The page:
"Kasheh ach yatziv: hatikshoret, harof'im umachalot manhigim ("Serious But Stable: The Media, the Doctors and the Illnesses of Leaders"), edited by Yechezkel Rachamim, Tel Aviv University Press and the Chaim Herzog Institute for Communications, Society and Politics, 57 pages
First off - a disclaimer: The writer of this review is not an impartial observer. On the contrary, this is a one-sided, personal and very biased review. And now, the full story ...
From January 2006 on, I was involved, along with Haaretz reporter Tamara Traubman, in the intense coverage of former Prime Minister Ariel Sharon's admission to the Hadassah University Hospital at Ein Kerem, Jerusalem. Our coverage made us the target of sharp criticism. However, when the Israel Medical Association (IMA), the department of communications and the Chaim Herzog Institute for Communications, Society and Politics at Tel Aviv University (TAU), headed by Prof. Yoram Peri, decided to hold a conference on the work of the media during Sharon's collapse, neither I nor any other representative of Haaretz were invited to participate, although it was clear that much of the discussion (and the tough criticism) would be focused on myself and on the newspaper.
The same happened at another conference on the subject, held in July at the Mishkenot Sha'ananim Center for Ethics in Jerusalem. There, too, organizers of the event refused to invite me to speak or to confront the representatives of Hadassah. Ultimately they agreed to have Haaretz editor-in-chief David Landau address the conference on the paper's behalf. Landau strongly protested the fact that I had not been invited to appear at the conference, explained the reasoning behind the newspaper's editorial choices in this affair and defended the series of stories covering Sharon's illnesses.
The booklet discussed here contains a transcript, edited by Yechezkel Rachamim, of the talks given at the TAU conference on media coverage of Sharon's collapse. This booklet is of public importance and of interest to anyone who wishes to understand what has preoccupied the media, the medical establishment and even the administration of Hadassah Hospital with regard to the prime minister's care. And yet, judging by what is written here, some of the important public and moral questions raised by this affair were not debated at the conference (or afterward). These questions involve the conduct of the hospital's administration, the senior physicians who provided Sharon's medical care and the staff of the Prime Minister's Bureau.
Other important questions not addressed in the booklet involve the performance of the media themselves, which at first bought the "spin" claiming that "Sharon is progressing," as the prime minister himself suggested after his first stroke last December, in phone conversations he had with political correspondents from his hospital bed. (Subsequently it was revealed that the calls, late at night and just a few hours after the stroke, were made against the medical advice of the Hadassah doctors). I'd like use this review as a chance to offer answers and comments to the speakers at the TAU conference, in lieu of the platform I was not given at the conference itself.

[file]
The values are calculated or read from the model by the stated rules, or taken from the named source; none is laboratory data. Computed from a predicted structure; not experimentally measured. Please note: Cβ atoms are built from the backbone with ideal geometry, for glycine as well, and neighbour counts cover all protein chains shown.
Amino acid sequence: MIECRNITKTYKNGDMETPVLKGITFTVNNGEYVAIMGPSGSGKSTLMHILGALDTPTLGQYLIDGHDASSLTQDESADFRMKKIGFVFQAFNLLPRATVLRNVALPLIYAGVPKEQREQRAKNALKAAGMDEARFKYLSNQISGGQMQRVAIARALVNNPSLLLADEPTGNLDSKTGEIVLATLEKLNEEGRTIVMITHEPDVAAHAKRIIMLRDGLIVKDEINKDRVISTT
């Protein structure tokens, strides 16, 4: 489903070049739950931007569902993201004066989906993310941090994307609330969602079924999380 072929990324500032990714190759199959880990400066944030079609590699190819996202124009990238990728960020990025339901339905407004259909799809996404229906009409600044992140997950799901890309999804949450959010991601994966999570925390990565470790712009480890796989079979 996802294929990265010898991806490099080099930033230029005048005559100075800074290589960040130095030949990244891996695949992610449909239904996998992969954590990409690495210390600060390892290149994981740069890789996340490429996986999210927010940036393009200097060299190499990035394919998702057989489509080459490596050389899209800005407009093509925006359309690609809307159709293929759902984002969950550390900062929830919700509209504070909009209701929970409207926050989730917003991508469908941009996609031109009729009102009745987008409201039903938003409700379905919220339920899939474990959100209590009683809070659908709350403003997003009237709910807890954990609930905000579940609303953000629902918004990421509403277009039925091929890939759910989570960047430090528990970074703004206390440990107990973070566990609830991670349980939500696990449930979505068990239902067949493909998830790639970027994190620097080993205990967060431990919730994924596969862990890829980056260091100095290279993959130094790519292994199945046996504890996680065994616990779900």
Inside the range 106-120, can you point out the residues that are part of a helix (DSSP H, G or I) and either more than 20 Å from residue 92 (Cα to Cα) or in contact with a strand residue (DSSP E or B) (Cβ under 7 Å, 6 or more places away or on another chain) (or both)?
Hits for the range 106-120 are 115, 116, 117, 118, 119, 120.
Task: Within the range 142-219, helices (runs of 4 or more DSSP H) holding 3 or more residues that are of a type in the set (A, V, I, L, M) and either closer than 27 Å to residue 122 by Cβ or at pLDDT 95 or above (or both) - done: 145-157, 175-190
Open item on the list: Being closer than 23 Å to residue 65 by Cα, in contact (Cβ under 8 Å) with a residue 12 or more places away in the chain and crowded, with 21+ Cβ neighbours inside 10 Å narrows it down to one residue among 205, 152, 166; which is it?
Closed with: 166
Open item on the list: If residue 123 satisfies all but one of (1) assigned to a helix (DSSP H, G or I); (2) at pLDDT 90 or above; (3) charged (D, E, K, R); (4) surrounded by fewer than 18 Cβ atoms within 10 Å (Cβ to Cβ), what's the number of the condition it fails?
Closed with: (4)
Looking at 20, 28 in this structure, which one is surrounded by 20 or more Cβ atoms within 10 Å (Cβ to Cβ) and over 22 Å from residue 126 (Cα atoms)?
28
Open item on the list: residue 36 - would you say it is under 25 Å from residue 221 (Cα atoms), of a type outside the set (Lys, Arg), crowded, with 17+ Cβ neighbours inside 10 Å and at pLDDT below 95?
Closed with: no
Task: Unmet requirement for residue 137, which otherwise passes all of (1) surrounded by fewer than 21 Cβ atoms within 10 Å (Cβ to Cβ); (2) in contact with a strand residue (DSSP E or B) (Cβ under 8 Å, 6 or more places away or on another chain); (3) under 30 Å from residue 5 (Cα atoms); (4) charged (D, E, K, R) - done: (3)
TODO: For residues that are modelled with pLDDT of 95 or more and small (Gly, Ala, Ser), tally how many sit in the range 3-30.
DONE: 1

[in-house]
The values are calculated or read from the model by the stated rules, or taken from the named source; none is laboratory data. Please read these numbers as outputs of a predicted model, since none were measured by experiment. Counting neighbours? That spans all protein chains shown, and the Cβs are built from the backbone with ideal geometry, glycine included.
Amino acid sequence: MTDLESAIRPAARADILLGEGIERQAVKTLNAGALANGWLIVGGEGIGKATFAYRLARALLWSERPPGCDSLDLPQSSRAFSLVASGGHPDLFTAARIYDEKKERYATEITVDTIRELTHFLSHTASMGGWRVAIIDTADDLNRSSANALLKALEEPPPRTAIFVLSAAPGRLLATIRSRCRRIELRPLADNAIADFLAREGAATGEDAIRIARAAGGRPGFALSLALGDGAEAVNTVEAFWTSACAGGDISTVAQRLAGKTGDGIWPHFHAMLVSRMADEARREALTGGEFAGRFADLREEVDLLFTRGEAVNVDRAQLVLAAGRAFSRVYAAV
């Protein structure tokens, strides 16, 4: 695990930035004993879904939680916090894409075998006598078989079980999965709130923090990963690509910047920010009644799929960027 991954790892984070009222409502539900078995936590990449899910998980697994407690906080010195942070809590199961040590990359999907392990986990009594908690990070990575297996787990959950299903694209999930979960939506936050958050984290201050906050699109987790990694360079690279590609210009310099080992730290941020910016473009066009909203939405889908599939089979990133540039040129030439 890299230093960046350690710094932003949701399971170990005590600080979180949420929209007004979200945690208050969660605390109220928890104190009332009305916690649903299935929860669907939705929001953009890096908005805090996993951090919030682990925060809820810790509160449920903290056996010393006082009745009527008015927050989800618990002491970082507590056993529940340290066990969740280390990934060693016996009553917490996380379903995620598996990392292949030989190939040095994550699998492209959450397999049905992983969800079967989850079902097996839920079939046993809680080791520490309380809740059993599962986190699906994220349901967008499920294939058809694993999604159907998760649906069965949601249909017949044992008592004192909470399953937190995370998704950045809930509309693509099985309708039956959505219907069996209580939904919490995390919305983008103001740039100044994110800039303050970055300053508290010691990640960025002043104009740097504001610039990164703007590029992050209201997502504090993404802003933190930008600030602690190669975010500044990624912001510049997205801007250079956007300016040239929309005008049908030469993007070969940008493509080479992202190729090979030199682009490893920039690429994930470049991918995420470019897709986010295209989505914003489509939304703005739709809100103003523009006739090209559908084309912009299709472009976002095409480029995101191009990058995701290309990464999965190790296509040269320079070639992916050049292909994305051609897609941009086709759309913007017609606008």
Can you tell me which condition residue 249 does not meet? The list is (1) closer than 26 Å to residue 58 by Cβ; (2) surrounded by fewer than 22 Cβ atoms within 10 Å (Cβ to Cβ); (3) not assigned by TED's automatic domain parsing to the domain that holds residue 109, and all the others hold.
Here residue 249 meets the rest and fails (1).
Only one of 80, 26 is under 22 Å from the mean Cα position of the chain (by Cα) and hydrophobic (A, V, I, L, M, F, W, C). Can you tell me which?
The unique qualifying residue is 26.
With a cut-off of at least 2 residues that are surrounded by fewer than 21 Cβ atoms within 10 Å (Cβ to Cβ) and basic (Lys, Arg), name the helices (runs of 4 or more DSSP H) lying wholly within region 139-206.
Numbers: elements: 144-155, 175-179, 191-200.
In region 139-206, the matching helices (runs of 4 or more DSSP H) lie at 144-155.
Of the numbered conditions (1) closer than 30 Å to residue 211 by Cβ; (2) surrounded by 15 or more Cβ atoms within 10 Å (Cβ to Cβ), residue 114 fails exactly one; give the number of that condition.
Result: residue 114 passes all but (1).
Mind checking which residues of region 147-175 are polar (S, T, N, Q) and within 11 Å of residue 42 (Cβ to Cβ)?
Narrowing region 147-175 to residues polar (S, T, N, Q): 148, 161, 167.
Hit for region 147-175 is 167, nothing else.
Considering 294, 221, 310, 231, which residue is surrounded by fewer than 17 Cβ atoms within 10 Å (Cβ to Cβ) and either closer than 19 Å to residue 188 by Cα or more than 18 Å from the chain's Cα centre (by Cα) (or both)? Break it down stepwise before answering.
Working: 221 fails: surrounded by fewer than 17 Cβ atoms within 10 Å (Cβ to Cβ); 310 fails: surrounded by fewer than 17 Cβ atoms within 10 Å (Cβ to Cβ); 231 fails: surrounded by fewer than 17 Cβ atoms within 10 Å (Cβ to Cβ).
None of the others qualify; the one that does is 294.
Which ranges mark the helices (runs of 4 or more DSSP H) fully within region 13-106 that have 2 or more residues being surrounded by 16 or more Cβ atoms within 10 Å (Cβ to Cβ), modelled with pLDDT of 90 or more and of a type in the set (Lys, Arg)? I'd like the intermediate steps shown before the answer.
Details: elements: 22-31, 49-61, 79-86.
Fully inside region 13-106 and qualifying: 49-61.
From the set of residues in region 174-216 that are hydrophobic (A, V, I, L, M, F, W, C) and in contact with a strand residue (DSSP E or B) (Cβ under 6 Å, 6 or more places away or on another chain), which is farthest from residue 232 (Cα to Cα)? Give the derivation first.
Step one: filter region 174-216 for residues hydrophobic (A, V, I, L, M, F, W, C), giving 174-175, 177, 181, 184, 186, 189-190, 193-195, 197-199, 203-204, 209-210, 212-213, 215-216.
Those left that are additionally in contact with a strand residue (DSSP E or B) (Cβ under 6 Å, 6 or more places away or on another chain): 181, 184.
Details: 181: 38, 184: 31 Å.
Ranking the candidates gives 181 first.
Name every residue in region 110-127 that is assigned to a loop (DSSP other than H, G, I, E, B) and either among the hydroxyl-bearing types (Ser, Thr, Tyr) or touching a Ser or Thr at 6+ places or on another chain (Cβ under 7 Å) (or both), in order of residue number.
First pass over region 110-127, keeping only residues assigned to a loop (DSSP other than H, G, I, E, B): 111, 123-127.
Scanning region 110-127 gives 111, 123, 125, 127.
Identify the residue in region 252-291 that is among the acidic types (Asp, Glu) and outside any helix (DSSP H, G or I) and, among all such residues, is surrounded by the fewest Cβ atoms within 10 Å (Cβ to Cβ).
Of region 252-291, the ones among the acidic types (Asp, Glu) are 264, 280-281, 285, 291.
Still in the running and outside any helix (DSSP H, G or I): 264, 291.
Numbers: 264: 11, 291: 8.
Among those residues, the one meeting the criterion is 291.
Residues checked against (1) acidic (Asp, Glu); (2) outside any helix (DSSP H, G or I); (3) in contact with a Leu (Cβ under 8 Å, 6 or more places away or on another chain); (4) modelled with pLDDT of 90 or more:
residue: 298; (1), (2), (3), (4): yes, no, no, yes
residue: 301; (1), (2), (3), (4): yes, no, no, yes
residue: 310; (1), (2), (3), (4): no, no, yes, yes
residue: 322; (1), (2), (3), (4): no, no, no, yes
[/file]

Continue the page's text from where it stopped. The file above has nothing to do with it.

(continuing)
Spoiling the party
At the conference, IMA chairman Prof. Yoram Blachar expressed surprise at claims made in the media to the effect that the medical establishment (including himself) was critical of the media coverage of the affair because the doctors were engaged in a cover-up - trying to conceal vital information from the public.
"What might have been true many years ago has no anchor in reality today," Blachar said, claiming that not only had the "conspiracy of silence" been dissolved long ago - so that there was no longer any problem receiving information about medical cases - but that "there is, in fact, an entire discipline of doctors that have trained themselves to provide opinions of this kind."
Here one has no choice but to spoil the party: The conspiracy of silence among physicians, and especially within the medical establishment, is alive and well at Israel's health-care institutions, in some cases under the leadership of the IMA itself. Take, for example, the case of the committee that investigated the illegal and immoral experiments that were conducted on thousands of patients at Kaplan Hospital in Rehovot and at Harzfeld Geriatric Hospital in Gedera. As Haaretz has reported, the IMA managed to force the hand of the Health Ministry's administration here, turning the committee from one whose findings were supposed to be made public under the Patients' Rights Law into a body operating under a different article of the law, which mandates that its findings remain confidential. And this is not the only example.
Contrary to what Blachar claims, there are still many areas of medicine in which there is a high possibility of complication and a high potential for medical malpractice; in these fields, it is still extremely difficult (today, although not in the distant past) to hear an opinion from a doctor that is unfavorable to his or her colleague. This is true for heart surgery, for neurosurgery and for some cases involving fertility treatment in which there are allegations of malpractice.
Prof. Shlomo Mor-Yosef, director general of Hadassah Medical Center, gave an interesting presentation at the TAU event regarding his own work vis-a-vis the media during Sharon's hospitalization. He criticized some of the media, including Haaretz, saying that "certified medical testimony by a source involved in Sharon's care" - which appeared in this newspaper - turned out to be baseless. Mor-Yosef further claimed that, "Haaretz is a newspaper whose specialty is not to reveal sources, based on journalistic ethics that say you do not reveal your sources. So, please, how can I deal with this? I did not want to deal with it, but when the facts are untrue ... I had no choice."